Michael Gerber should not be a new name to you (if it is, tisk-tisk). He is the author of thirteen books, including what the PR guys call a mega-bestseller (sort of like a power seller on ebay). If you haven’t read the E-Myth Revisited, I recommend you read that one before this one (maybe that’s how he got the mega). As in his other books, he is like your wise grandpa (assuming your grandpa is Sam Walton on your father’s side or Warren Buffet on your mother’s), part philosopher, part inspirationalist, part evangelist and poet, but always passionate about steering you in the right direction. And he has nailed one thing that, to me, has always been the stop sign, the red light and for some, the cyanide in growing our self-employed life. He strips away all the extraneous help – better marketing, how to use SEO, be an expert, grow your business in three easy steps – he throws all that out the window and starts with a premise that no one wants to hear. “That small and independent business are populated by owners working for a living…that all they ever wanted to do was create a job; to create control over their personal income; to create a place to work; a place to do what they know how to do. In short, they want to be self-employed.” What is wrong with that, Gerber says, is that it is no business at all. He wants you to understand that you have the potential, the brains, the chutzpah, to look at your business as a business, not just a place to answer the phone when it rings, complete a job and wait for the next customer. Lather. Rinse. Repeat. But if you follow certain rules, you can change not only your own future, but you can change the world. Yup, you can change the world if you change your paradigm to how you see what makes a business vs. what your business makes. Great stuff. But like all great grandpas, he hits you with his cane and then gives you a lollipop and says, “I know you can do better.”
While I was reading the book, I had an inspiration from his words that will change my own business. This is no easy feat – I am a “creative,” and ideas happen faster than planes landing at JFK. But this was a BIG idea that will impact my present business and it came from Gerber’s chapter on the First Principle, “A Small Business, Built Rightly, Can Grow 10,000 times Its Current Size.” So this is not just another book to read, say “Wow, that was great” and then go on doing the things you’ve always done. You are reading this blog because you want to know if this is a book that can change/add/empower you in growing your business. If you are interested in having job that you created for yourself, and just want to know how to get more business, this book is not for you. However, if you want, nay need and desire to create a business that you can grow, sell, innovate and possibly change the world – this is a must read.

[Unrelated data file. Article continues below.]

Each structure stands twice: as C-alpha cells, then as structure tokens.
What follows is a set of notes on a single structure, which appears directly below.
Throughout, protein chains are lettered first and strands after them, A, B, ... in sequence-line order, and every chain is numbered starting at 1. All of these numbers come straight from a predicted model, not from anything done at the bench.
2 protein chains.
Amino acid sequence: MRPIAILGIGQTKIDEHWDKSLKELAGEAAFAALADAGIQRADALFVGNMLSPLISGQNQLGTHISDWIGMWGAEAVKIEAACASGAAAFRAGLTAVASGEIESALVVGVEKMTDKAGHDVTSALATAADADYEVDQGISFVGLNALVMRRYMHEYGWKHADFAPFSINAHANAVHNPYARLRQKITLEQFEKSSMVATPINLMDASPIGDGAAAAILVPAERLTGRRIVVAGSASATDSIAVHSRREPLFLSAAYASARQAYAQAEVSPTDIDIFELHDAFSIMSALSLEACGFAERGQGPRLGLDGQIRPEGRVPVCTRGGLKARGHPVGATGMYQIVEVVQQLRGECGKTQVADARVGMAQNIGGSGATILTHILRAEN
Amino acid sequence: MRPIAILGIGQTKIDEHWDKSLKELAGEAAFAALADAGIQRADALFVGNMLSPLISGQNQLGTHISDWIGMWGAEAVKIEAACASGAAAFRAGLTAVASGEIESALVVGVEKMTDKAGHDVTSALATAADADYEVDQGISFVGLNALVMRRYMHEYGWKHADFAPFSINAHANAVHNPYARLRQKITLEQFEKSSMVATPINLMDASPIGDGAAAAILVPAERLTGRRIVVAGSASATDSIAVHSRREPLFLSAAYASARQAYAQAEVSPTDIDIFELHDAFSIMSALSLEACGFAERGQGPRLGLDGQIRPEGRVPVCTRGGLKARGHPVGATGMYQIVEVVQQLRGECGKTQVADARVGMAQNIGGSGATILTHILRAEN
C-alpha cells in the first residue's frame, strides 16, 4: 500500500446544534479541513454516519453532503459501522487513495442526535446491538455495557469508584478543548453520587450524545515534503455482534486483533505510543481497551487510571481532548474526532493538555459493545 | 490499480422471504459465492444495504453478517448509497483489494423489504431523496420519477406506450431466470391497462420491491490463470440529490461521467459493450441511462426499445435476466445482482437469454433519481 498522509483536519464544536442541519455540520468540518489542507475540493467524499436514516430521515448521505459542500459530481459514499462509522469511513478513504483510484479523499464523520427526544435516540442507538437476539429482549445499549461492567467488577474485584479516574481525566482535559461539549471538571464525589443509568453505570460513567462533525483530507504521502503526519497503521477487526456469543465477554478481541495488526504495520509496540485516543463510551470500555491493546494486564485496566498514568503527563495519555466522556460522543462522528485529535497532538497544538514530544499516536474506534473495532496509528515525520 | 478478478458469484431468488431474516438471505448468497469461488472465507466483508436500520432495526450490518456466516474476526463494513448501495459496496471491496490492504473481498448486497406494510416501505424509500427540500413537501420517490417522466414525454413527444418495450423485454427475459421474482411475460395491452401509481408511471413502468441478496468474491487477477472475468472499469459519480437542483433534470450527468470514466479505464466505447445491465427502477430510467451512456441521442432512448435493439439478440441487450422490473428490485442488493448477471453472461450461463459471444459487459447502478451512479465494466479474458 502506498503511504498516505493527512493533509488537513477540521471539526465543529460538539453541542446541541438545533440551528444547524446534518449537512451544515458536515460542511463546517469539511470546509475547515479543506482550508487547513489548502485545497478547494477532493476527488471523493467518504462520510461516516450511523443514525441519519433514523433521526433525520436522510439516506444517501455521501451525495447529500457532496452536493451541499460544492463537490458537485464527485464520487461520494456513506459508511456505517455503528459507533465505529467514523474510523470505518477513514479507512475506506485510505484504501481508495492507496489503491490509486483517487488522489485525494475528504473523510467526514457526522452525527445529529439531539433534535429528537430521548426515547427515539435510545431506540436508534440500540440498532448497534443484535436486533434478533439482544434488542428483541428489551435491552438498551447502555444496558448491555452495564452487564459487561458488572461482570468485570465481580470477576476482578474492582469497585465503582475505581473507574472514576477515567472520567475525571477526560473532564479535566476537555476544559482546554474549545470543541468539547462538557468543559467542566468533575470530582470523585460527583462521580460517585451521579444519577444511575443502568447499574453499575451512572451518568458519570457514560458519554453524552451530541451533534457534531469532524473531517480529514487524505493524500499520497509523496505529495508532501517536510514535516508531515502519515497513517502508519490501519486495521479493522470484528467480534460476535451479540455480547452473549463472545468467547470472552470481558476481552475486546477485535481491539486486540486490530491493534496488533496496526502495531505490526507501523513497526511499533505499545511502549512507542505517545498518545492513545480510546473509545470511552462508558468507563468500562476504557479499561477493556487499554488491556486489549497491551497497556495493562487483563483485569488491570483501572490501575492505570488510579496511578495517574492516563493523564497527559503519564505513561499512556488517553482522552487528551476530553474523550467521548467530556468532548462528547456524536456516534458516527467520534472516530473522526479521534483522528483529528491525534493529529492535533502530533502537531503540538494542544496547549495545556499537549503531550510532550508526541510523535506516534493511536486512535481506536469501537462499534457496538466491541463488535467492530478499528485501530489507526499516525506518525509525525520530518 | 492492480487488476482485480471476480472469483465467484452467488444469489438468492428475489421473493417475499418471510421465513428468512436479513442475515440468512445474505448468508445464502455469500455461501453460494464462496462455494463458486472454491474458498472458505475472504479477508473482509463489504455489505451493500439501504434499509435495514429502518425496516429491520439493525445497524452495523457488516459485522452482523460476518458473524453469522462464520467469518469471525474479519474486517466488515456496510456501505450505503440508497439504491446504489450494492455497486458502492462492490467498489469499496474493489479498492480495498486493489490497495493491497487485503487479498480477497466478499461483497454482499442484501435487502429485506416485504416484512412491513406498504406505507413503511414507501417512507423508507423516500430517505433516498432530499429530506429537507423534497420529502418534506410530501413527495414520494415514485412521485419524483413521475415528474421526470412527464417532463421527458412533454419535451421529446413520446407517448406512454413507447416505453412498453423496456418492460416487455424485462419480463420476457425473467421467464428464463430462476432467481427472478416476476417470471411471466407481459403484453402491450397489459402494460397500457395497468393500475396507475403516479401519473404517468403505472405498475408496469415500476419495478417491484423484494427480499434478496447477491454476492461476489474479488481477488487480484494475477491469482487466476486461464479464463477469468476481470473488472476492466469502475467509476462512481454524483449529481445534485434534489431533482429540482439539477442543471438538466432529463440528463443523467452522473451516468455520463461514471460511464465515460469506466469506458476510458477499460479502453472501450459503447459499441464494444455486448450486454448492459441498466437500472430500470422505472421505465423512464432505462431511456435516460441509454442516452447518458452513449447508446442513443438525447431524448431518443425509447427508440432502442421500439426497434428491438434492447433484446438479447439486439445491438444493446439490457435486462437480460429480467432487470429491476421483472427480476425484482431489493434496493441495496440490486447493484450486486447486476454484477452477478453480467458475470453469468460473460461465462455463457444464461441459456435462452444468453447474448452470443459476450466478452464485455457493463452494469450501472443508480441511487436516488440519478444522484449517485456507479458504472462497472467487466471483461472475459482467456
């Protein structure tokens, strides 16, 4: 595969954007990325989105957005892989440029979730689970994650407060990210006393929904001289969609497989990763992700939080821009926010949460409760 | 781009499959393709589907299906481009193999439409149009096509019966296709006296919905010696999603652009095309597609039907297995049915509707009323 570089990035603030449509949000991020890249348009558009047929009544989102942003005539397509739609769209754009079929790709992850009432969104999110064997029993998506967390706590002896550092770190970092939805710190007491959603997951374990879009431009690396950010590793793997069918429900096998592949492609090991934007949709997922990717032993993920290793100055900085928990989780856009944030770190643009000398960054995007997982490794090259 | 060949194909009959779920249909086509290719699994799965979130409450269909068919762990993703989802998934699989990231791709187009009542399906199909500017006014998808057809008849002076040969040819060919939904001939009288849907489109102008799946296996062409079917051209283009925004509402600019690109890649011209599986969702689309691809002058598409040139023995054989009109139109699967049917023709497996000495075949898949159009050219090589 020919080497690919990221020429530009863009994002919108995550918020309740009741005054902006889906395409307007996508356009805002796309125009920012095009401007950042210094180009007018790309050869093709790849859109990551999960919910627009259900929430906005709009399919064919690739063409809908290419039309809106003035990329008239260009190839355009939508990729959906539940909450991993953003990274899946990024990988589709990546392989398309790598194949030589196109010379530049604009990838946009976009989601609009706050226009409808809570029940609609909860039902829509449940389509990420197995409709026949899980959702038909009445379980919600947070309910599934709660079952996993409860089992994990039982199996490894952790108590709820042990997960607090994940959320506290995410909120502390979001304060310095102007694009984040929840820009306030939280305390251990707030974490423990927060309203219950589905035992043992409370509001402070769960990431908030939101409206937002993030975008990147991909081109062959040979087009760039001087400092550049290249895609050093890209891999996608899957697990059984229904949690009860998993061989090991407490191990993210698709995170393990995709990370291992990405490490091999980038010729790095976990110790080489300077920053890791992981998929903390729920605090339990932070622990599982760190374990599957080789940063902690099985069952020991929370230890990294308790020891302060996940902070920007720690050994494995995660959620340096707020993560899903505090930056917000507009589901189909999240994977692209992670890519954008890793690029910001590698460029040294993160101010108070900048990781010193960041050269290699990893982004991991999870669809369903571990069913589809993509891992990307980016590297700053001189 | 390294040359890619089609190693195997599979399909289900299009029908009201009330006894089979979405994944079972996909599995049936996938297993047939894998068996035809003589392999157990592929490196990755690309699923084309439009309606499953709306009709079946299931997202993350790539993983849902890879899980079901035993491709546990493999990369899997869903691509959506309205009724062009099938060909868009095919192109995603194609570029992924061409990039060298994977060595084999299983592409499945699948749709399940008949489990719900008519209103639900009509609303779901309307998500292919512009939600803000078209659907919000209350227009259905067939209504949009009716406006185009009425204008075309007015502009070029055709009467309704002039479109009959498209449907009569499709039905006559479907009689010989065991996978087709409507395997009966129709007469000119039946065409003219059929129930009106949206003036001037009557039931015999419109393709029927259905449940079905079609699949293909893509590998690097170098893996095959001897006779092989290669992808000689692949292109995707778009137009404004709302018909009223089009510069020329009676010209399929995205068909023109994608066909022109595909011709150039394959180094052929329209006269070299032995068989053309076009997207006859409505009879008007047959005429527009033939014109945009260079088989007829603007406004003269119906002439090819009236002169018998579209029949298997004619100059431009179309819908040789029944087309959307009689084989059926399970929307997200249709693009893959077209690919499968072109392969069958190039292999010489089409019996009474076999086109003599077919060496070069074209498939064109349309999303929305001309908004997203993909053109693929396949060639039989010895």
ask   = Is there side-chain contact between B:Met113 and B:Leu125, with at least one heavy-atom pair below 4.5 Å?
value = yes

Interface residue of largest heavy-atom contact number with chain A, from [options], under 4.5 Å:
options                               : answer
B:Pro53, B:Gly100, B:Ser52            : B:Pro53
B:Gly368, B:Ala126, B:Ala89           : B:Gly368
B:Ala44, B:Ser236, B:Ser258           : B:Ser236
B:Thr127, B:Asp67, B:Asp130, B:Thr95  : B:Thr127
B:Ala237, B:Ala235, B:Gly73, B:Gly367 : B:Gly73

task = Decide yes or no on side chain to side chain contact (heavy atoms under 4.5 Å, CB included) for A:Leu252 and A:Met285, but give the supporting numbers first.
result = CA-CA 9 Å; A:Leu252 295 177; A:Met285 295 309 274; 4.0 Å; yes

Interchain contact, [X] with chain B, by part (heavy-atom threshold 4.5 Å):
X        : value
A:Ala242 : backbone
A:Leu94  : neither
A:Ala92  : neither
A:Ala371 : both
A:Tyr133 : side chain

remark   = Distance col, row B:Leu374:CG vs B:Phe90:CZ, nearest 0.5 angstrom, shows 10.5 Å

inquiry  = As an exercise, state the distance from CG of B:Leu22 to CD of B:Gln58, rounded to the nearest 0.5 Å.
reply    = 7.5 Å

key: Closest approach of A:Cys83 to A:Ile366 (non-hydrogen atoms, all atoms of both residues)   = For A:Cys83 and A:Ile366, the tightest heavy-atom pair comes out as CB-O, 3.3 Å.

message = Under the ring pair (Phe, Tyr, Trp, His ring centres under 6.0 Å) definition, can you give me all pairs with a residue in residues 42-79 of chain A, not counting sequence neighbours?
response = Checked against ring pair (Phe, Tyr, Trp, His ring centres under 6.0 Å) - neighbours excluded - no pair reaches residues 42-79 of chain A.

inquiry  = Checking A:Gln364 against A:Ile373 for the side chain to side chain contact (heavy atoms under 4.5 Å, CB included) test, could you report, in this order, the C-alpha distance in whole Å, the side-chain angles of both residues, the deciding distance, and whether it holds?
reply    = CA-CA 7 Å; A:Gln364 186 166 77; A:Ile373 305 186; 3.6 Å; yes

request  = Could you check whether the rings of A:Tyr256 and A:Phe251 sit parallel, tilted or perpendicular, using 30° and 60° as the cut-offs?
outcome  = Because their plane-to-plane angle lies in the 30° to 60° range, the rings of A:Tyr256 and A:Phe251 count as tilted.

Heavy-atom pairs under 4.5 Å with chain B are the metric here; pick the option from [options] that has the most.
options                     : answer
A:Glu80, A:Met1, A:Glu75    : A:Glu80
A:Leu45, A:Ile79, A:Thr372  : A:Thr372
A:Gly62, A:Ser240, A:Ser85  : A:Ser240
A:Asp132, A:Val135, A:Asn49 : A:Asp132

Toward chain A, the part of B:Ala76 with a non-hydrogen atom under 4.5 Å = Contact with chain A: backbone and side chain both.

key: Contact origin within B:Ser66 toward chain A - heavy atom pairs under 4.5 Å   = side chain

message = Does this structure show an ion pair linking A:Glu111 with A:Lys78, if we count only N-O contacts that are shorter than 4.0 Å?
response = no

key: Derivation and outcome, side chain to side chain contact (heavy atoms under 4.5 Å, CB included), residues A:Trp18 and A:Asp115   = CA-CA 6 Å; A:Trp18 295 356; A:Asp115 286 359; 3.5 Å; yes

The Wealthy Freelancer, 12 Secrets to a Great Income And an Enviable Lifestyle by Steve Slaunwhite, Pete Savage and Ed Gandia
November 25, 2012 § Leave a Comment
Read: Cover to cover
Category: Small business, entrepreneurial
I hate titles like “10 Easy Ways to Become a Millionaire” or “The Four Hour Workweek”, but let’s face it, it’s just me. Publishers, authors, readers – everyone else loves tapping into making minute rice even faster in the microwave pouch. I need to be rich, damn it, and I need it now! So, I was reluctant to read The Wealthy Freelancer – to me a 12 secret oxymoron. Title notwithstanding, the word “Freelancer” in the title moved me to read it, because the freelancer industry has an opportunity to boom in the coming years and the people I write book reviews for, well a lot of them are freelancers. So here’s the more than pleasant surprise. This book is (should I say it?) is the quintessential guide for all freelancers to read – but it will be the biggest disappointment for those who really thought they would get microwaved minute rice. They talk about what “wealth” really means, dumping “ugly” clients (another great book on the subject of the client “dump” is Booking Yourself Solid by Michael Port), bringing focus to your business, creating a buzz piece, cultivating and nurturing your business, even how to make sales calls – all standard stuff starting from the beginning. A lot of freelancers come to doing their own thing after they start hating their job, they don’t have job or they have a passion they want to pursue. They may be good at what they do, but many lack the ‘well rounded’ skill set (sales, marketing, networking, book-keeping, pricing their goods/services) of running a complete business. There are some really great ideas in this book – and I’m happy to say, my initial reaction was quickly proved wrong.